Yet, it was not until the following year that Scotland Yard finally conceded that they had found nothing to go on. So, Avril died never knowing for sure that her husband was entirely blameless of these repulsive charges.
It was a further ten months before the Met Commissioner, Sir Bernard Hogan-Howe, finally deigned to apologise – and only then after a sustained campaign by family supporters, the Daily Mail and a deeply sympathetic public.
It later transpired that the Met had paid a substantial six-figure sum of damages for its ineptitude. Yet no amount could atone for the hurt felt by a great servant to his country.
In July, as Beech finally received a hefty 18-year prison sentence for his monstrous lies, Lord Bramall issued a lengthy statement via his solicitor. He had been dismayed by the impact of the police raid on his sick wife and also the reverberations around a tiny rural village.
The 20-strong police squad had made sure that everyone knew what exactly what they were up to at the Bramalls’ home, especially when some of them adjourned to the local pub for lunch.
The police found nothing. Seven weeks later, he was interviewed for two hours, at the end of which the police remained as clueless – literally – as they had been after the raid. With exquisite tactlessness, the police summoned him to a second interview just days after Avril’s death. It proved equally futile
Under interview, he wrote, the officers had failed to give him details of the claims against him. He was too modest to add that he was interviewed by such a junior policeman that the entire process had to be repeated, not that it yielded any further information. For this was a witch-hunt devoid of a witch.
As Lord Bramall told the court, he felt grievously let down by a nation for which he had risked everything. ‘Above all what, really upset me is this,’ he wrote. ‘My record of public service speaks for itself. In service of my Queen and Country I have done all that has been required of me.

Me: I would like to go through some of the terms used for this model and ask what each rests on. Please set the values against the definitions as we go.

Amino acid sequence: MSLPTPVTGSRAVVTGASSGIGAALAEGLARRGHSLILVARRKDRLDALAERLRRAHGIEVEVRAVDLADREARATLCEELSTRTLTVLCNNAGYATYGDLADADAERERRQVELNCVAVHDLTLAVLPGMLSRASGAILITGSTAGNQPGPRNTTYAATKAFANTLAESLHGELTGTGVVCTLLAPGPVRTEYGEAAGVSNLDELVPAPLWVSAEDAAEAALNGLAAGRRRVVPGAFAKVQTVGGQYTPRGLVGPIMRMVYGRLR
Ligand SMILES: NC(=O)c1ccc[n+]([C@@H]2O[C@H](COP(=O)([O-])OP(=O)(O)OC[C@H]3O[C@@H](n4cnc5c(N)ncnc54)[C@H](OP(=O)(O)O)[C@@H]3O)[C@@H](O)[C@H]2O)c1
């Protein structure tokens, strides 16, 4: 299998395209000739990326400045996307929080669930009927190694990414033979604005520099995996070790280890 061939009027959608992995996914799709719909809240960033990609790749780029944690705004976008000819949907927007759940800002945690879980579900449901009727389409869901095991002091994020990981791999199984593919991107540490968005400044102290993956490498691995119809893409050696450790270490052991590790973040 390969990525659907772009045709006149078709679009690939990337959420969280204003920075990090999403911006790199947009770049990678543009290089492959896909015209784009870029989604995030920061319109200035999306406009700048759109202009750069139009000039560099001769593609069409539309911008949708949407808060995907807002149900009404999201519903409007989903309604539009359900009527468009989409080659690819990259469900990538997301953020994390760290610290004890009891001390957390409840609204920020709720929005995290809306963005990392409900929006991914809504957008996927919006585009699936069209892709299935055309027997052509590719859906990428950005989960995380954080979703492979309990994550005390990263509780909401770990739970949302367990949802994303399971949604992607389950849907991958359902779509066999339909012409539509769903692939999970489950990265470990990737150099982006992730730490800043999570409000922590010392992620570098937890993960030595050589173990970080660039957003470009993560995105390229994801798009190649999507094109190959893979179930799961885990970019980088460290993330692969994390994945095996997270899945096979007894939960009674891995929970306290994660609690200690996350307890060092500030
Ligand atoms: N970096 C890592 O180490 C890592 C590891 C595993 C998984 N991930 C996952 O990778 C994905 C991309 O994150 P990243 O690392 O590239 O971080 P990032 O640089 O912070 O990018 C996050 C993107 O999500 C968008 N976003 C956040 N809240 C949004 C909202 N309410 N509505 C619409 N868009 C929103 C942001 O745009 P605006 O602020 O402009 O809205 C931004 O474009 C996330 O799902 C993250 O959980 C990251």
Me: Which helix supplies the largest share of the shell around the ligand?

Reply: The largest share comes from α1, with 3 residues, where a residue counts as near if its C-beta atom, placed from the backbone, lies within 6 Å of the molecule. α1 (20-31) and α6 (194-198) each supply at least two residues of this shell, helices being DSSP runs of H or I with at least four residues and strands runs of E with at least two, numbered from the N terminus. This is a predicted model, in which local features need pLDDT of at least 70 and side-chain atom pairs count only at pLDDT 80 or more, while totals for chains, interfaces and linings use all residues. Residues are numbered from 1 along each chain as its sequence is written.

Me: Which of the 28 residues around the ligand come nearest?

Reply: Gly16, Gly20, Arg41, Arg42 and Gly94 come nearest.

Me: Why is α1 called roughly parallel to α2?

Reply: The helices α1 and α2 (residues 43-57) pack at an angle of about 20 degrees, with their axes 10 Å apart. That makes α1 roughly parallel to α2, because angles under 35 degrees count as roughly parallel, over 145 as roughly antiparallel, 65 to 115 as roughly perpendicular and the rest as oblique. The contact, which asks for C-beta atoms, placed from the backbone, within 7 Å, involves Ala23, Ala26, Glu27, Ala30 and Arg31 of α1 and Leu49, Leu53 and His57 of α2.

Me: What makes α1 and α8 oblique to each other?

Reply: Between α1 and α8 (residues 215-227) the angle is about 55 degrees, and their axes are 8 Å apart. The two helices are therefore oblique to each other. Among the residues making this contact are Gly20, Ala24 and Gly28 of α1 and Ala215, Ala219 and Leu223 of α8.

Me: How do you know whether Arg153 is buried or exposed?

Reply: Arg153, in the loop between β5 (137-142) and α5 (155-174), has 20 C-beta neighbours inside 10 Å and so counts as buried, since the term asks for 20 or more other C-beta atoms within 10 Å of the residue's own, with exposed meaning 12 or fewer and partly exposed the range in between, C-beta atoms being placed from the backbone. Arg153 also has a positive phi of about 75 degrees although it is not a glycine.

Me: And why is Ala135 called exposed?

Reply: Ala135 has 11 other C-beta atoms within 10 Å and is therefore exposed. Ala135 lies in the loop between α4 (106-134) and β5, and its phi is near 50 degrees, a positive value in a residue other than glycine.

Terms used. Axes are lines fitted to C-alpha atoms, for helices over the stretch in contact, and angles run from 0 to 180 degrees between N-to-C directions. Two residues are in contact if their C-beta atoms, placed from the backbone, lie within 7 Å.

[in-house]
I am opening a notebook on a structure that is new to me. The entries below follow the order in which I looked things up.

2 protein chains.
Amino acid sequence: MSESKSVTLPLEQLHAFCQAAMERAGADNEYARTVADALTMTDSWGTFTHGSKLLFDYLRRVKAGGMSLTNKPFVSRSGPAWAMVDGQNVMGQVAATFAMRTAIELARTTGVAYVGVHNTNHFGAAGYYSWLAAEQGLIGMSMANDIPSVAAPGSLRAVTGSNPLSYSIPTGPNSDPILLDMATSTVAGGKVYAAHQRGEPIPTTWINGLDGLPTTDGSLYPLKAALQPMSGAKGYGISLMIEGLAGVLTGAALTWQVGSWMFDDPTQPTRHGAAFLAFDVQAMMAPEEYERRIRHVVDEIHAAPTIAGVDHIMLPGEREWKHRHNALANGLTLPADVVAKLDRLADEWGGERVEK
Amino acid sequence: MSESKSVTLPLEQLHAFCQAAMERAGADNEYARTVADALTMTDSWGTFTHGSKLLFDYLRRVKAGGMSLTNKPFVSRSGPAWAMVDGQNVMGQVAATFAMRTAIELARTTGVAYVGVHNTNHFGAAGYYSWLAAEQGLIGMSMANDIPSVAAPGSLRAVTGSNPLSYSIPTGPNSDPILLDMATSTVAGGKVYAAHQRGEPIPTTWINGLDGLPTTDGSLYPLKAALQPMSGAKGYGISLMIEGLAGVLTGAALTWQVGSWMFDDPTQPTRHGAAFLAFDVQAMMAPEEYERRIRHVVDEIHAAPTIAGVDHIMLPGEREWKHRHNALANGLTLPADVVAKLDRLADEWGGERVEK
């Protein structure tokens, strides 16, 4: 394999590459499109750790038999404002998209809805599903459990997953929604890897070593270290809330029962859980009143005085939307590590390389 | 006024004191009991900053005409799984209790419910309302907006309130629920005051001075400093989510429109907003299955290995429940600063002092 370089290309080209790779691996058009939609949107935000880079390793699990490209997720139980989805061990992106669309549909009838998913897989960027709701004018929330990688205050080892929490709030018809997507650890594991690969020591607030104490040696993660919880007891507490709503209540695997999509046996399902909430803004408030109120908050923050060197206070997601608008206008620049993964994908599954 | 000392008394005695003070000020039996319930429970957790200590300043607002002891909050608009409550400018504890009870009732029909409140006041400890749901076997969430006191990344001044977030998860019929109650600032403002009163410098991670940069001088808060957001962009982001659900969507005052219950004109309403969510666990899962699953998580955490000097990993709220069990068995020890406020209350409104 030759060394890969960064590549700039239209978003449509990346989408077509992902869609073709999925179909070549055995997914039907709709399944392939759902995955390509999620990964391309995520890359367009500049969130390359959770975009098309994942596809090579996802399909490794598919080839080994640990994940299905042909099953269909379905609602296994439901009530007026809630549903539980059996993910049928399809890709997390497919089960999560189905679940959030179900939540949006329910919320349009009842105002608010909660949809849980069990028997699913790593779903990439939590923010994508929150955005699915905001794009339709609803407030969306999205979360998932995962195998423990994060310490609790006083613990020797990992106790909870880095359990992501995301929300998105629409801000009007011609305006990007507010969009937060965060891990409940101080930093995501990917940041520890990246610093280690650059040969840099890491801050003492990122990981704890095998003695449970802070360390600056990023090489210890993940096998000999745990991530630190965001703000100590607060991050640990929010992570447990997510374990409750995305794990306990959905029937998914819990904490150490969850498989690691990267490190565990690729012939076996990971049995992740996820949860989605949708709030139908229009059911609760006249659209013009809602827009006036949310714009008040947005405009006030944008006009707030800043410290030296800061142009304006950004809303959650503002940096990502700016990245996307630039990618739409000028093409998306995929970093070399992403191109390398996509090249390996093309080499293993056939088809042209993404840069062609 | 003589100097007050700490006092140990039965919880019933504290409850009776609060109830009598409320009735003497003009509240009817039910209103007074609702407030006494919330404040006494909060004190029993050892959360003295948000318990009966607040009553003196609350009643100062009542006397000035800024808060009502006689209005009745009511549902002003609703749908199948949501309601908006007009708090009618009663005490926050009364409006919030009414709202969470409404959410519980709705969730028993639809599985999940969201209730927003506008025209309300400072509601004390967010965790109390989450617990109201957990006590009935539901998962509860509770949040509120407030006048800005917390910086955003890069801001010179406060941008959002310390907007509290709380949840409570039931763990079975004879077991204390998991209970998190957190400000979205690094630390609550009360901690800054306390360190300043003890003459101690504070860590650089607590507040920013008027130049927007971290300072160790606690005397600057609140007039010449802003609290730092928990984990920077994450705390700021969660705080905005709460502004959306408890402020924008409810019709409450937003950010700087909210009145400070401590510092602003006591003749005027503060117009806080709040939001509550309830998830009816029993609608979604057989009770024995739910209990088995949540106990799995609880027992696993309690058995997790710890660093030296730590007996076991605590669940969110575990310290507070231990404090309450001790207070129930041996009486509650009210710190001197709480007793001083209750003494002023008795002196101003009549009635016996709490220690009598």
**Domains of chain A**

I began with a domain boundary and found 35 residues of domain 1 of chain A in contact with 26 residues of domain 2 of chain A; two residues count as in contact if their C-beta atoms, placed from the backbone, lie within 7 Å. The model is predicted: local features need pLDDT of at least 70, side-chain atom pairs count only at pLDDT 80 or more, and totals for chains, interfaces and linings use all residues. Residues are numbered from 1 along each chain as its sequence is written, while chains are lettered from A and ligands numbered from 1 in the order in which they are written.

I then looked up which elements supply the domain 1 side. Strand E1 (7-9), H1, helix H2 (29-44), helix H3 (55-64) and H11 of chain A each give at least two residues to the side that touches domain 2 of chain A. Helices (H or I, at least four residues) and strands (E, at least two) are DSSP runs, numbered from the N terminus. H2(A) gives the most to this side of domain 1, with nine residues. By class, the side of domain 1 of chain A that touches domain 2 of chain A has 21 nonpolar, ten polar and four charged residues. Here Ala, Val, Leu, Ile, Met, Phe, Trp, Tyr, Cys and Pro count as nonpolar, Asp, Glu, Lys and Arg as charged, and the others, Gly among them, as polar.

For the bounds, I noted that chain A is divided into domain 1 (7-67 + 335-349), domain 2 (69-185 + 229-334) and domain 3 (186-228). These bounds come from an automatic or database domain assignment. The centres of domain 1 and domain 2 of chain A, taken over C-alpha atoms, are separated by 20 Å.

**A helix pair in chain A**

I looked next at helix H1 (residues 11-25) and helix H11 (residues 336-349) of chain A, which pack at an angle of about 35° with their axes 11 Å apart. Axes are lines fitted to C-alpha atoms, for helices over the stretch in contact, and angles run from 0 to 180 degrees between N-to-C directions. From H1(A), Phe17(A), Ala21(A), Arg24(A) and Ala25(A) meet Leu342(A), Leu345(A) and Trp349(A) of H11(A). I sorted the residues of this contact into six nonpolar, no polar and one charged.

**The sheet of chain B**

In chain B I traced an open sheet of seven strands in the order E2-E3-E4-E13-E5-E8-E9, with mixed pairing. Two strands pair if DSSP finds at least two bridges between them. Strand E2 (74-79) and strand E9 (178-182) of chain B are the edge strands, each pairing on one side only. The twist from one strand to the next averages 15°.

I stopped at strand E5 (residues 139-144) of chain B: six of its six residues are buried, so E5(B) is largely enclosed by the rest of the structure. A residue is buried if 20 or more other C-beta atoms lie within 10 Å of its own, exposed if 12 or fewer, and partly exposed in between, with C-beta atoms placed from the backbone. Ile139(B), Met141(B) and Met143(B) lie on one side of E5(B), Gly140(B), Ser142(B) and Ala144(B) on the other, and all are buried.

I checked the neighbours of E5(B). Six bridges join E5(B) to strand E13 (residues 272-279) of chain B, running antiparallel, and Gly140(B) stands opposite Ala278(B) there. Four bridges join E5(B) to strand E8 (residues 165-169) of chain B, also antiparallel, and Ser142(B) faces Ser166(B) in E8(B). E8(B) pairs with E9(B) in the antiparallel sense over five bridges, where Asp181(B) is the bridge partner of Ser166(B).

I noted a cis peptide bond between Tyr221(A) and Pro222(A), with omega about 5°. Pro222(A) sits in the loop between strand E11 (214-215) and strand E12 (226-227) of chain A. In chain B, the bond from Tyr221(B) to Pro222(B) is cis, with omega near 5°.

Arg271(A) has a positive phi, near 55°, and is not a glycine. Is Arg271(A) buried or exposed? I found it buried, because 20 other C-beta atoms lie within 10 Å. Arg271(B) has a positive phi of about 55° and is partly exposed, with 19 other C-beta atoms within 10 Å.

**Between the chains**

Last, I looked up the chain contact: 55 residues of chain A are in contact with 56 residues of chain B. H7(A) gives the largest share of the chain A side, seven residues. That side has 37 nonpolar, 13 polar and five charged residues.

‘I have suffered both physically and emotionally as a result and did so without regret or complaint. I thought I could be hurt no more. I can honestly say however I was never as badly wounded in all my time in the military as I have been by the allegations made by ‘Nick’.
These are devastating words for a police force still desperately trying to bury one of the most ignominious chapters in its history.
Despite the Met’s grudging apology, Lord Bramall warned, ‘mud sticks’. He was particularly distressed that some of his descendants might look up their ancestor on the internet ‘and instead of seeing that which I achieved, find out about that which I was accused of.’ He concluded: ‘For those of us that have climbed the highest, we face the greatest fall.’
‘Dwin’ Bramall climbed to the top in so many regards. With a peerage and two knighthoods – including a Knight of the Garter, Britain’s oldest order of chivalry – he was a trusted confidant of the Royal Family.
I well remember attending the 50th anniversary commemorations of VE Day where Lord Bramall was about to welcome the Queen to Hyde Park in his capacity as Lord Lieutenant of Greater London. He had noticed that one of the spurs on his boots was coming loose and was mortified.
Then he had a bright idea. He asked if one of the photographers in the press pen might have a toolkit and an obliging snapper got down on all fours to whack the errant spur back into place, for which the field marshal was profusely grateful.